The institution we commonly refer to as democracy would, properly speaking, be more aptly termed an elective, or even in many cases a sortative, oligarchy, where the democratic element consists merely of the selection, often by random, perverse or otherwise unsound procedures, of the membership of the personnel of the ruling elite.
But generally, this is a novel fascinated by the complexities of violence, both political and personal – and the effects it has on the wielders of that power. In fencing Parker’s once again found the perfect metaphor, where the civilised niceties of sport fencing – the etiquette, the rules, the blunted weapons – are like a silk handkerchief to hide a bloodstain.
When they get to Permia, the Scherian team are horrified to find that the Permians fence with sharps, not blunted foils – and one of the team will be fencing messer. Little more than a big curved knife, messer has no useful guards or wards – it’s a weapon of aggression and all-out attack. It’s fencing stripped of all its pretences. ‘Here they fight with messers. God help them’ is a quote from the fifteenth-century German swordmaster Hans Talhoffer, and it’s dropped again and again into the narrative of Sharps like some kind of catechism.
In the end, it comes down to what you’re willing to do. As one of the fencers says, “at least half the story’s always the reason why you do something. You can give me a whole string of things that normally you’d say were the most appalling crimes, and then I’ll give you cases where they’re not only justified, they’re absolutely the right thing to do.” (p.185)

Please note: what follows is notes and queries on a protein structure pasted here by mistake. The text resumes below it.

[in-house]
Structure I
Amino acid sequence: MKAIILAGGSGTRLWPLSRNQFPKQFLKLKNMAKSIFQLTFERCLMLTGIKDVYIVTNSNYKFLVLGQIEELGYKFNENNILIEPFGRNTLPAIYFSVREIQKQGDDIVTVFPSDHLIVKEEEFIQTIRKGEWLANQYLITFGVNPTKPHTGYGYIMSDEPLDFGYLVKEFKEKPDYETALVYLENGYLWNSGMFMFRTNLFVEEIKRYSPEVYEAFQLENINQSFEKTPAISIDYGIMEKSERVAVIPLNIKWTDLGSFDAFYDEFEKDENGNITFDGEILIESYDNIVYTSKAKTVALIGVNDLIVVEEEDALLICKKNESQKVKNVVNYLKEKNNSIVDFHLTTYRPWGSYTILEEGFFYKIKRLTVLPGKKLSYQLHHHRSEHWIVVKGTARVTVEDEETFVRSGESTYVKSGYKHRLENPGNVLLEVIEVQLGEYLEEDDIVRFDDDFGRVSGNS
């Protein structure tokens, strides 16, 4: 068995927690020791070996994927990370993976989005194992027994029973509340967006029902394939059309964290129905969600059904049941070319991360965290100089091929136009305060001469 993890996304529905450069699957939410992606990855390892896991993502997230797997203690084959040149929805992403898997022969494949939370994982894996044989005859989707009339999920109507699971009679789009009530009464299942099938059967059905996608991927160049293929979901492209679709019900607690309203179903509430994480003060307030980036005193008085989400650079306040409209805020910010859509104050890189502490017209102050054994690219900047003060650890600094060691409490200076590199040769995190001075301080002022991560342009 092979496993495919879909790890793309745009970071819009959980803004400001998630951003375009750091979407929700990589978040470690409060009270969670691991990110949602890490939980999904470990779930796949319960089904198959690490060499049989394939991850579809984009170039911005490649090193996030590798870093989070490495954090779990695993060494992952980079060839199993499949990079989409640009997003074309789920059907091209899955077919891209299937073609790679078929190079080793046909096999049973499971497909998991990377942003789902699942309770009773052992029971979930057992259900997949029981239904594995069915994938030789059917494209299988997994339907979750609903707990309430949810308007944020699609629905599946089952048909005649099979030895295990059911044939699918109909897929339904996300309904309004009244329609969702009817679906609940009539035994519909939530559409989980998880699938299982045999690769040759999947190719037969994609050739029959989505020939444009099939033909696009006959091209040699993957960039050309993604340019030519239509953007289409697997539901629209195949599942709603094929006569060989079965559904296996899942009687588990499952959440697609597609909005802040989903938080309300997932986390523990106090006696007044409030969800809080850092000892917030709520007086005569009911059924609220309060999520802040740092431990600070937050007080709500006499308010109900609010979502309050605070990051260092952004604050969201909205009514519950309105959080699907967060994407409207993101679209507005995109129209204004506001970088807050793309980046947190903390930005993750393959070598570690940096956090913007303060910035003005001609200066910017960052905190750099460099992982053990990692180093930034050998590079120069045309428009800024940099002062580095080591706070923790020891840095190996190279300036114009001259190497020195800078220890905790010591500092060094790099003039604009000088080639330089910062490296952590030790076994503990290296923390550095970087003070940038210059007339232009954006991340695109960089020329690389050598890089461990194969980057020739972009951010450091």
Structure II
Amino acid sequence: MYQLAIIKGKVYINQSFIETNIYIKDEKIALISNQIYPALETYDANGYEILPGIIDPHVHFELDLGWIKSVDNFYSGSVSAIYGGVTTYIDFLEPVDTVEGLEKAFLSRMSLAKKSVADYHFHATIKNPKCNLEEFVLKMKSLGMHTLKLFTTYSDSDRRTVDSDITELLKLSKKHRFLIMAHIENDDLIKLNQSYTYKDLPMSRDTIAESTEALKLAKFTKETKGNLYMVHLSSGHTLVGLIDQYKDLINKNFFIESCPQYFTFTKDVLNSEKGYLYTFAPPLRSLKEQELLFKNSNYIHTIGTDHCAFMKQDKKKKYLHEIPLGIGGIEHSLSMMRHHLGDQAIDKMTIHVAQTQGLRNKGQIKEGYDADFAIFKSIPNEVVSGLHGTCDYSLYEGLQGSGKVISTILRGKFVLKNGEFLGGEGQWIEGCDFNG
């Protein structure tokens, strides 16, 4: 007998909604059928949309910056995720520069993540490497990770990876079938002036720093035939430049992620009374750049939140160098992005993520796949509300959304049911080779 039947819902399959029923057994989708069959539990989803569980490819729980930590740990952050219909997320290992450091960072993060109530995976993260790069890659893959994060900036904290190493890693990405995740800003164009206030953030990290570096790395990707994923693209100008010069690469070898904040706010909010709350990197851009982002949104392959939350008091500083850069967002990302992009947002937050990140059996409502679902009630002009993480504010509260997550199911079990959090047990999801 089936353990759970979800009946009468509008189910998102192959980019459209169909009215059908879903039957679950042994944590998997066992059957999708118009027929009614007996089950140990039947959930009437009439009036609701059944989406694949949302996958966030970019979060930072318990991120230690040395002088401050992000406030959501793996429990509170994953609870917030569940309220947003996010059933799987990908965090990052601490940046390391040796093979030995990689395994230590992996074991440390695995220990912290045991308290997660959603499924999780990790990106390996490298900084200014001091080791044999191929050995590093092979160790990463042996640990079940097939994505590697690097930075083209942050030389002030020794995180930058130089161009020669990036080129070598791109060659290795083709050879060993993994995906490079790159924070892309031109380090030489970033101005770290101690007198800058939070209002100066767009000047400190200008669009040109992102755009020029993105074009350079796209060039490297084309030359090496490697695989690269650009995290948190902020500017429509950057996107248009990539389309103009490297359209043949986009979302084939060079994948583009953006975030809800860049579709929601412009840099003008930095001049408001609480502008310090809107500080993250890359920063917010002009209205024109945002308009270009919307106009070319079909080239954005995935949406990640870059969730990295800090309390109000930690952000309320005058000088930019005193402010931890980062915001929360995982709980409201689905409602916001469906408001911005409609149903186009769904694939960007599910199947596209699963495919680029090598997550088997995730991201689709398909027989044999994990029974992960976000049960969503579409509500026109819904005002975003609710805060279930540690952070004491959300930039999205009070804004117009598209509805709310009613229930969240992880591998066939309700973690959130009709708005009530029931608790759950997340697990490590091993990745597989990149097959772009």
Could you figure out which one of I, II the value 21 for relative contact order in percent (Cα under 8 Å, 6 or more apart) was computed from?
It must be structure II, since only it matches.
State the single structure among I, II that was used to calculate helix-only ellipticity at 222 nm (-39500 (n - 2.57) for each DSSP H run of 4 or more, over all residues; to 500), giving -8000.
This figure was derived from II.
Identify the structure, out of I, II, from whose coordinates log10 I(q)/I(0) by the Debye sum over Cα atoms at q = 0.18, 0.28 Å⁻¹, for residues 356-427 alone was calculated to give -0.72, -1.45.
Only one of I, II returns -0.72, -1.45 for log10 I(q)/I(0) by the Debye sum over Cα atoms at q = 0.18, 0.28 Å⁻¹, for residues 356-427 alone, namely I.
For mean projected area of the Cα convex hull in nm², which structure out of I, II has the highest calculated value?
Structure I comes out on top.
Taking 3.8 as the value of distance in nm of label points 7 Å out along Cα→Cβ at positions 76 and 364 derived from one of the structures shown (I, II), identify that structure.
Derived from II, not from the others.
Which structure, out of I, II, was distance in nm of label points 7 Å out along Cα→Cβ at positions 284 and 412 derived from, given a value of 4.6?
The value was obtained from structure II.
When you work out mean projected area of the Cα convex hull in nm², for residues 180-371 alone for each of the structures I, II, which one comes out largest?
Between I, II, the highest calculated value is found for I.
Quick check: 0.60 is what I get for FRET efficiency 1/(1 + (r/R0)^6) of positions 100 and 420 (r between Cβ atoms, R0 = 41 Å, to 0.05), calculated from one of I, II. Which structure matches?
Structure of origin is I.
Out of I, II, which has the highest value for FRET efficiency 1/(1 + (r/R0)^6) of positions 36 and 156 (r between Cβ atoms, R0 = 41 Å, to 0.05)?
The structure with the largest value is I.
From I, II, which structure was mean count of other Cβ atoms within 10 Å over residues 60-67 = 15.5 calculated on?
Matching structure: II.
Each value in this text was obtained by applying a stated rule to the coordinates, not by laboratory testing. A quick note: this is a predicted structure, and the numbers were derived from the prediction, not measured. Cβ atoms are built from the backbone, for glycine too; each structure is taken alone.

Perspective is important in Sharps, how the place you’re standing affects your whole outlook. Again fencing proves itself an apt metaphor, as the Scherians’ style of stepping out of line – bringing a second dimension to a linear, shuffle-back-and-forth duel – dismays the Permians in an early match. Cultural differences, and so on.
But this segues easily into more substantive divisions: me and him, us and them. The other. Suidas, the bitter, PTSDed veteran, loathes the Permians (and the mercenary Imperials and Aram Chantat, and pretty much everyone really) but ironically understands them better than anyone else in the coach.
The Aram Chantat might drink from skull cups, but they’re faintly horrified that the Permians and Scherians would wave swords at each other for fun. Time and time again Parker highlights the dividing lines of culture, class and skin colour, before cheerfully turning them upside down and highlighting the characters’ damning, inescapable preconceptions: